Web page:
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Prehospital care of burn injuries in Africa: A review, 1990-2018.

Authors
  • Outwater, Anne H1
  • Van Braekel, Tanya2
  • 1 Muhimbili University of Health and Allied Sciences, School of Nursing, PO Box 105211, Dar es Salaam, Tanzania. Electronic address: [email protected] , (Tanzania)
  • 2 Nkoaranga Lutheran Hospital, PO Box 91, Usa-River, Tanzania. Electronic address: [email protected] , (Tanzania)
Type
Published Article
Journal
Burns : journal of the International Society for Burn Injuries
Publication Date
Dec 01, 2020
Volume
46
Issue
8
Pages
1737–1745
Identifiers
DOI: 10.1016/j.burns.2019.08.009
PMID: 31785926
Source
Medline
Keywords
Language
English
License
Unknown

Abstract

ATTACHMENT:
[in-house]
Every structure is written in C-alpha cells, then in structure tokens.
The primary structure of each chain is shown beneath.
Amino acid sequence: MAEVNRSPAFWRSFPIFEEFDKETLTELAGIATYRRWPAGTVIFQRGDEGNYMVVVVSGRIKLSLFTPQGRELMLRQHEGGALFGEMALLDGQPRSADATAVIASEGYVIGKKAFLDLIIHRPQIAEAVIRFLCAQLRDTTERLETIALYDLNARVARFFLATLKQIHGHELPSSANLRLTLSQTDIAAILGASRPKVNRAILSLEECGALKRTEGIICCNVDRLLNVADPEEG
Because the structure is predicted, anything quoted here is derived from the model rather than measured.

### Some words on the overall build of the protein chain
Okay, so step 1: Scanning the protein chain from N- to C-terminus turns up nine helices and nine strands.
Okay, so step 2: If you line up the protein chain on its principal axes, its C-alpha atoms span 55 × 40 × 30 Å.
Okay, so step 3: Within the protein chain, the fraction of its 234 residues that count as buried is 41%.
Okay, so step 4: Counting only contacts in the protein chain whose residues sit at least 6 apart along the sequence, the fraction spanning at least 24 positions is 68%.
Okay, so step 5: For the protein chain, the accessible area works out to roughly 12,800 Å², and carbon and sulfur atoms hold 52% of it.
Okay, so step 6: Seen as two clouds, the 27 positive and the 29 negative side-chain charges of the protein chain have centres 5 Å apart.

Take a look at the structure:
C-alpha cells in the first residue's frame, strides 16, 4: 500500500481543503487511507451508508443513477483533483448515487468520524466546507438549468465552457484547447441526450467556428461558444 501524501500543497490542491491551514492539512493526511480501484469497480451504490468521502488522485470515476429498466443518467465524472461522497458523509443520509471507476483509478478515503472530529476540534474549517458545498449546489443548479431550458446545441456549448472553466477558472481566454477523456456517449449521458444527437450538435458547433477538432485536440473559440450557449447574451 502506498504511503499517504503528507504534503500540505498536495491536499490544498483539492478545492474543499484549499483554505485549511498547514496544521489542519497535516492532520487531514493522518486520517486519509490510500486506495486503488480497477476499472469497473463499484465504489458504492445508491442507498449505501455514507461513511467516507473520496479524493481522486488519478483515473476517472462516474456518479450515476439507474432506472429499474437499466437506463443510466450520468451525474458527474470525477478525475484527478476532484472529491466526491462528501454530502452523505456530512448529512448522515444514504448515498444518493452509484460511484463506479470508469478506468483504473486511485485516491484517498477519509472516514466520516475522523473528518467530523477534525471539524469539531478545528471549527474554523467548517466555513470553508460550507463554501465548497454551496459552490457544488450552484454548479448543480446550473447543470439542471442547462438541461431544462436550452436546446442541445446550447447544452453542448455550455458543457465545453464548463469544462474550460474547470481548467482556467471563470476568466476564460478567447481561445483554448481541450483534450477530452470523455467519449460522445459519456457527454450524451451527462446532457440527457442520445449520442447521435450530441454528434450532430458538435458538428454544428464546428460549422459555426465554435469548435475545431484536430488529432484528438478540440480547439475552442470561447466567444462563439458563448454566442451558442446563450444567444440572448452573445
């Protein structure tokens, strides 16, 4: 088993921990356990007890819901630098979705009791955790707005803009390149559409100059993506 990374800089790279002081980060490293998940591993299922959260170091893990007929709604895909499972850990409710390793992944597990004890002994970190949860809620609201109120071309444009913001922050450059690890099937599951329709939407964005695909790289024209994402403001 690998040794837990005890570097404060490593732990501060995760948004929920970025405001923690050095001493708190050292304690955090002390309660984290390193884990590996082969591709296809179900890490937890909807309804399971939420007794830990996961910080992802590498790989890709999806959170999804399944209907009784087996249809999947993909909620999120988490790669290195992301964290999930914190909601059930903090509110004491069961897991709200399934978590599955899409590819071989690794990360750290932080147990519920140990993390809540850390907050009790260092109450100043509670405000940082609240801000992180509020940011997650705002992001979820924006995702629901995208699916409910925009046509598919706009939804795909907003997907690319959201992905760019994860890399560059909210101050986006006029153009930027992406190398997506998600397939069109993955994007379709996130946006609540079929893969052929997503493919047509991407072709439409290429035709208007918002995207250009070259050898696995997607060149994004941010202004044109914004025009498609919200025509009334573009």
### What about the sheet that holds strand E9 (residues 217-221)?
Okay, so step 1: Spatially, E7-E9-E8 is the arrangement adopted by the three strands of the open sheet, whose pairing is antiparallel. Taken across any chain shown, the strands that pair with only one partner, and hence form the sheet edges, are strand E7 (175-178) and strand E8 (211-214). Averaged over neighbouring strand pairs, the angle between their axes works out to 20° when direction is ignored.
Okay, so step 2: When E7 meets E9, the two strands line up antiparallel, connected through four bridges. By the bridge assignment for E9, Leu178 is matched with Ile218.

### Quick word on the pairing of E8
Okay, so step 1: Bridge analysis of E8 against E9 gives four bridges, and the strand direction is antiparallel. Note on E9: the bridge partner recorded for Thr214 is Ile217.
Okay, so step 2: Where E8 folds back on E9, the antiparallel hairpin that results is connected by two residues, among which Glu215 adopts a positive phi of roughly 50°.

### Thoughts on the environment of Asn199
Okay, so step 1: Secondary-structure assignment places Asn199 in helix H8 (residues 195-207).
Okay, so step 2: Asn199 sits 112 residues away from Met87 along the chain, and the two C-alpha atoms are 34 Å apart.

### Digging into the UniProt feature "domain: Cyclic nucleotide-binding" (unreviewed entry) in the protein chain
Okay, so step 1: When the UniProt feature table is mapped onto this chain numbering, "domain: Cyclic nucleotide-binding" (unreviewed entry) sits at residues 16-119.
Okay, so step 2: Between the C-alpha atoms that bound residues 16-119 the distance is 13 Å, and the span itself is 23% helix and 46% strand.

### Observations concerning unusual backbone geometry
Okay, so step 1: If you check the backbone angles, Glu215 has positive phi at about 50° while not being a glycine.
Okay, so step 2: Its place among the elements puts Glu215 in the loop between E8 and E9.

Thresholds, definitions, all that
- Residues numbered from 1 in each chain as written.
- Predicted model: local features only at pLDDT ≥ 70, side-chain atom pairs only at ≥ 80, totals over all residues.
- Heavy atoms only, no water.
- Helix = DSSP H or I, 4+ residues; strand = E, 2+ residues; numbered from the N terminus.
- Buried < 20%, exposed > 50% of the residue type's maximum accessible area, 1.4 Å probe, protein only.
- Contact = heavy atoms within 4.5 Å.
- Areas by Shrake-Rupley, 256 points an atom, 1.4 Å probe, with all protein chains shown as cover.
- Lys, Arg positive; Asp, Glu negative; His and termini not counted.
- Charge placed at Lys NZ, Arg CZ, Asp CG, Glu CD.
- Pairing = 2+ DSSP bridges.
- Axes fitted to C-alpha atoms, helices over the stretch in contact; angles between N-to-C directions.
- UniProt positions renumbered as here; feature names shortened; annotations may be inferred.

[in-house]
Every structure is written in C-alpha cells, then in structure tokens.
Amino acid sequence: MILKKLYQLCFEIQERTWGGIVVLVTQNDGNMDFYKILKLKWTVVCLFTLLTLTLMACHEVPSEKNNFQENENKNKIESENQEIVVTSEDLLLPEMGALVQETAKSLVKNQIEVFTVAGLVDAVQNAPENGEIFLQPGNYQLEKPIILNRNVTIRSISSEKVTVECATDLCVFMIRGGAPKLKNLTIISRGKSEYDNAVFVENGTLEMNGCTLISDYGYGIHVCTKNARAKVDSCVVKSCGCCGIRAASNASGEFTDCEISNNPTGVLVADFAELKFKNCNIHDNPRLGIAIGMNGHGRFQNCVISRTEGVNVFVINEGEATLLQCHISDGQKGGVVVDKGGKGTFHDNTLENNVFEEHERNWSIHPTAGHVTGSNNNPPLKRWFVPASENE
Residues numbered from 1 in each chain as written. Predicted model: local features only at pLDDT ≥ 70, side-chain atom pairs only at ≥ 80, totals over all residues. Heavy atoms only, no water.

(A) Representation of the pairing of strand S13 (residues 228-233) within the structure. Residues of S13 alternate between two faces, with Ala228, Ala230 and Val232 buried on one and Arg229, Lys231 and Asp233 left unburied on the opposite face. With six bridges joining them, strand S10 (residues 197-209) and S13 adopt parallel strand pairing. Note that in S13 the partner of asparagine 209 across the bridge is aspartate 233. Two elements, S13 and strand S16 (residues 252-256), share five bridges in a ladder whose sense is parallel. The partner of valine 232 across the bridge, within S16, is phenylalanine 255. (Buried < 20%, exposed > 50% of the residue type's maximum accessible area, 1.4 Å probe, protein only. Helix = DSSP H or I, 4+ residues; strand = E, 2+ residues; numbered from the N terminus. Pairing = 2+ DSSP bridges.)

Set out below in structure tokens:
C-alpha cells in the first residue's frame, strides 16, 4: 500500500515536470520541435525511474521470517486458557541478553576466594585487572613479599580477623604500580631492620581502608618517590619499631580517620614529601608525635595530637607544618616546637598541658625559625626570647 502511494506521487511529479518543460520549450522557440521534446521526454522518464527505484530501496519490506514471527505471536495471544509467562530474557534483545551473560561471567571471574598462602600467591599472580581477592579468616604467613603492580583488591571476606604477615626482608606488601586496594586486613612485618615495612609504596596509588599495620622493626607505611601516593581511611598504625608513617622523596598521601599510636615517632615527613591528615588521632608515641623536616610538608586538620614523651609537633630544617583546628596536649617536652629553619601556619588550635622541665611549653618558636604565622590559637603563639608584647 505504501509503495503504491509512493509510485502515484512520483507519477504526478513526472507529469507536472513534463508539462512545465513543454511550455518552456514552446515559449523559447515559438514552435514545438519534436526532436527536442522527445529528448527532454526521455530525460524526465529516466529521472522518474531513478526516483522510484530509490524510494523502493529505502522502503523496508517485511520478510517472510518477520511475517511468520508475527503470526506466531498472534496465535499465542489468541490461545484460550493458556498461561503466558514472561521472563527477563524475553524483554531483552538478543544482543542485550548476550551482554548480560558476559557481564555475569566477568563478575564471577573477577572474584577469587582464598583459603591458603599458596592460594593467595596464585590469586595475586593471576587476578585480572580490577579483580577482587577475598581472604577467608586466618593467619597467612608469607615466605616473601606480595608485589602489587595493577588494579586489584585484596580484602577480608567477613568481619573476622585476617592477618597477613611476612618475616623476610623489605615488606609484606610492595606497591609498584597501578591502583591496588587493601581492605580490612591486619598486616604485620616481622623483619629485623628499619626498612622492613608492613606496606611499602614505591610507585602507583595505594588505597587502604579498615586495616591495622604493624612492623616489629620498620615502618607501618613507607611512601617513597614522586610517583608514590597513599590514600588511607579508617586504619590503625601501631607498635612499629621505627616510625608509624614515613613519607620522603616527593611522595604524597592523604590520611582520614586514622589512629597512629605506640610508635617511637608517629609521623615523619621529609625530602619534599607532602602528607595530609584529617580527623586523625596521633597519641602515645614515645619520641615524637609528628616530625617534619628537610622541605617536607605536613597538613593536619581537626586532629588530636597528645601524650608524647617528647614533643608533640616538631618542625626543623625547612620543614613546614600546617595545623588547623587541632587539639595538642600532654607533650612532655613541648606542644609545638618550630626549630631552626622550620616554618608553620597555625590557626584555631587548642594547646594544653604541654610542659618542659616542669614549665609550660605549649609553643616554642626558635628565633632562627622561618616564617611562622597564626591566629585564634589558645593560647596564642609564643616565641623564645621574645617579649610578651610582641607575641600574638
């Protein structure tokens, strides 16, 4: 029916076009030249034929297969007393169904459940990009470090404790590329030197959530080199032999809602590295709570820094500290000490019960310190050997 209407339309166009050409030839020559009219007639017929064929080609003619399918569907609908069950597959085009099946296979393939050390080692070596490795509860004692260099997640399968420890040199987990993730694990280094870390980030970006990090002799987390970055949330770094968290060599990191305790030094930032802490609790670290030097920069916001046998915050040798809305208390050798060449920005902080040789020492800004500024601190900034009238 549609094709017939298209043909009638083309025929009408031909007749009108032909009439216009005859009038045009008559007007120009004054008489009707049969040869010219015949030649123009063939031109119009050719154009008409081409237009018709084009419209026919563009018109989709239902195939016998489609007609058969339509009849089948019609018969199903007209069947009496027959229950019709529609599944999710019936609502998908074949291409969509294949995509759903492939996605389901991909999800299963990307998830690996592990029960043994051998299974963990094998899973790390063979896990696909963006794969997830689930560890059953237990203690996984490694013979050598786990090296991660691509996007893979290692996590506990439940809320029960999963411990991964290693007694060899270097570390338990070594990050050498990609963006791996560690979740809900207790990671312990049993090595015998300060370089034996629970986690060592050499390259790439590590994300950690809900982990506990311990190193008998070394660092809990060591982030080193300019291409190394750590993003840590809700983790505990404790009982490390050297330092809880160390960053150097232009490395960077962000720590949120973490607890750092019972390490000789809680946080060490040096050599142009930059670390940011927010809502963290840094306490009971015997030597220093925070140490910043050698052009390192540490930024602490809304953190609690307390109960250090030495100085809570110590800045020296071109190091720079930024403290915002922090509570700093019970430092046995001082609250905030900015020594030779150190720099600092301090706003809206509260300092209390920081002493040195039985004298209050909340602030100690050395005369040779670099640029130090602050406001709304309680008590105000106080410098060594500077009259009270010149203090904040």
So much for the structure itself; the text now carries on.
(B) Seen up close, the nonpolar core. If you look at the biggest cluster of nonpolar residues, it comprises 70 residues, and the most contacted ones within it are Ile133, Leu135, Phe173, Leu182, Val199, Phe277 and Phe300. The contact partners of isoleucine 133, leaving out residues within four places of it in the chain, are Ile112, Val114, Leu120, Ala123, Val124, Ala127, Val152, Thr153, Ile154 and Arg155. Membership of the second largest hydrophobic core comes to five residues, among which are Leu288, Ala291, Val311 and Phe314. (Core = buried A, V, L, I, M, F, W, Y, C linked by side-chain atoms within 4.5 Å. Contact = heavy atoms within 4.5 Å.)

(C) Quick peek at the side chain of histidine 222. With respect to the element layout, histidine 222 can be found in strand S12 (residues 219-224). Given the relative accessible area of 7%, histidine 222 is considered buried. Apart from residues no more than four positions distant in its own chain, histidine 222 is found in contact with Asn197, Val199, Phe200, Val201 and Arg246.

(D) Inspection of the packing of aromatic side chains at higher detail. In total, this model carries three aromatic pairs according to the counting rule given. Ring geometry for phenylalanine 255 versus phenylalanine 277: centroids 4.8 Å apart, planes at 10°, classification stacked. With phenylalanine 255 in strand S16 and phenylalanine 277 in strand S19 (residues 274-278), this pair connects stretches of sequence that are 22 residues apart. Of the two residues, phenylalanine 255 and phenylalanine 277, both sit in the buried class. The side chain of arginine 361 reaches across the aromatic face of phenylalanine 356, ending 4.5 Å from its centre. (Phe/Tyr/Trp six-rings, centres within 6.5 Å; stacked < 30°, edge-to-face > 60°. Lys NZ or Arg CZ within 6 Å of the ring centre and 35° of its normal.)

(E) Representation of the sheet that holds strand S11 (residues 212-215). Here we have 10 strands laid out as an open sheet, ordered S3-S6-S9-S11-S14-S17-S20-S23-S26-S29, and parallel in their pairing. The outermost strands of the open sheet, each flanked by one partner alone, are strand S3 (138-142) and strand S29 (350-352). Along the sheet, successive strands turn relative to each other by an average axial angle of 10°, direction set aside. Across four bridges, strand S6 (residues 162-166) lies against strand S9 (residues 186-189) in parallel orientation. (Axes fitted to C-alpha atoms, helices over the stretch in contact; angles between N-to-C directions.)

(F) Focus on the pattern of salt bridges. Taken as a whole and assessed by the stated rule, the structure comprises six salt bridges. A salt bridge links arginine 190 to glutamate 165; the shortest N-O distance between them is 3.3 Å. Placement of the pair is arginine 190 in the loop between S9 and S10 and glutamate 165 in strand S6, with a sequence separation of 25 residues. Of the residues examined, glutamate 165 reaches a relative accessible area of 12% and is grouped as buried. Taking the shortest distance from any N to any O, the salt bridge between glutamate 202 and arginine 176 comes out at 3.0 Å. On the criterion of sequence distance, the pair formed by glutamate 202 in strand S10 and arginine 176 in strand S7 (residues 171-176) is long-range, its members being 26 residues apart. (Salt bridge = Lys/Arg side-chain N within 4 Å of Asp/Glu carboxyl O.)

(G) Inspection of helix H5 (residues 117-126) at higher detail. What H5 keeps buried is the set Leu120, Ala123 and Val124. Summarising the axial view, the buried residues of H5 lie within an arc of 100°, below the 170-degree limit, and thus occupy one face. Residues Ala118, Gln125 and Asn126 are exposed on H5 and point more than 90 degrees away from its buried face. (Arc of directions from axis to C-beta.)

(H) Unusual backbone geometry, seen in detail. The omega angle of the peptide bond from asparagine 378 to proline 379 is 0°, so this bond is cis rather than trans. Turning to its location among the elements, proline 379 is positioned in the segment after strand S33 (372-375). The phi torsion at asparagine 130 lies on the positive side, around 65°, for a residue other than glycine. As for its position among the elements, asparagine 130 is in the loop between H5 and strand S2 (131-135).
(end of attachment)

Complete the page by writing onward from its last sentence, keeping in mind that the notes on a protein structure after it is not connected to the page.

Administration of appropriate first aid immediately after a burn injury is crucial to averting further harm to the victim, physically and psychologically. The aim of this review is to enable the design of better interventions by describing what is known about prehospital care of burn victims in Africa. This review is based on 17 articles from 5 countries. For the purposes of the review, first responders are defined as those nearest the victim when a burn occurs. First responders include nonclinicians, most typically the mother of a young burn victim. Forty-five different substances, sometimes used in combination, are reported to have been applied to burn injuries: water, 15 food items (especially oils and egg), 14 pharmaceutical products, 9 traditional treatments, 5 minerals (petroleum products being the most common), and charcoal. Appropriate treatment, defined as the application of cool water for 10 min, was achieved about 0.5% of the time, most frequently in Cape Town, South Africa. Most victims do not have their wounds covered while they are transported to a health-care facility. Treatment delays are common. Pain management is hardly addressed. Appropriate prehospital care for burn injury generally is not practiced in Africa. Yet best practices for prehospital care are affordable, available, and easily understood. The greatest risk factor for poor care is first responders' lack of knowledge. Awareness and education campaigns focusing on the lay public, as well as educational institutions for health workers, are urgently needed throughout the continent. Copyright © 2019 The Authors. Published by Elsevier Ltd.. All rights reserved.

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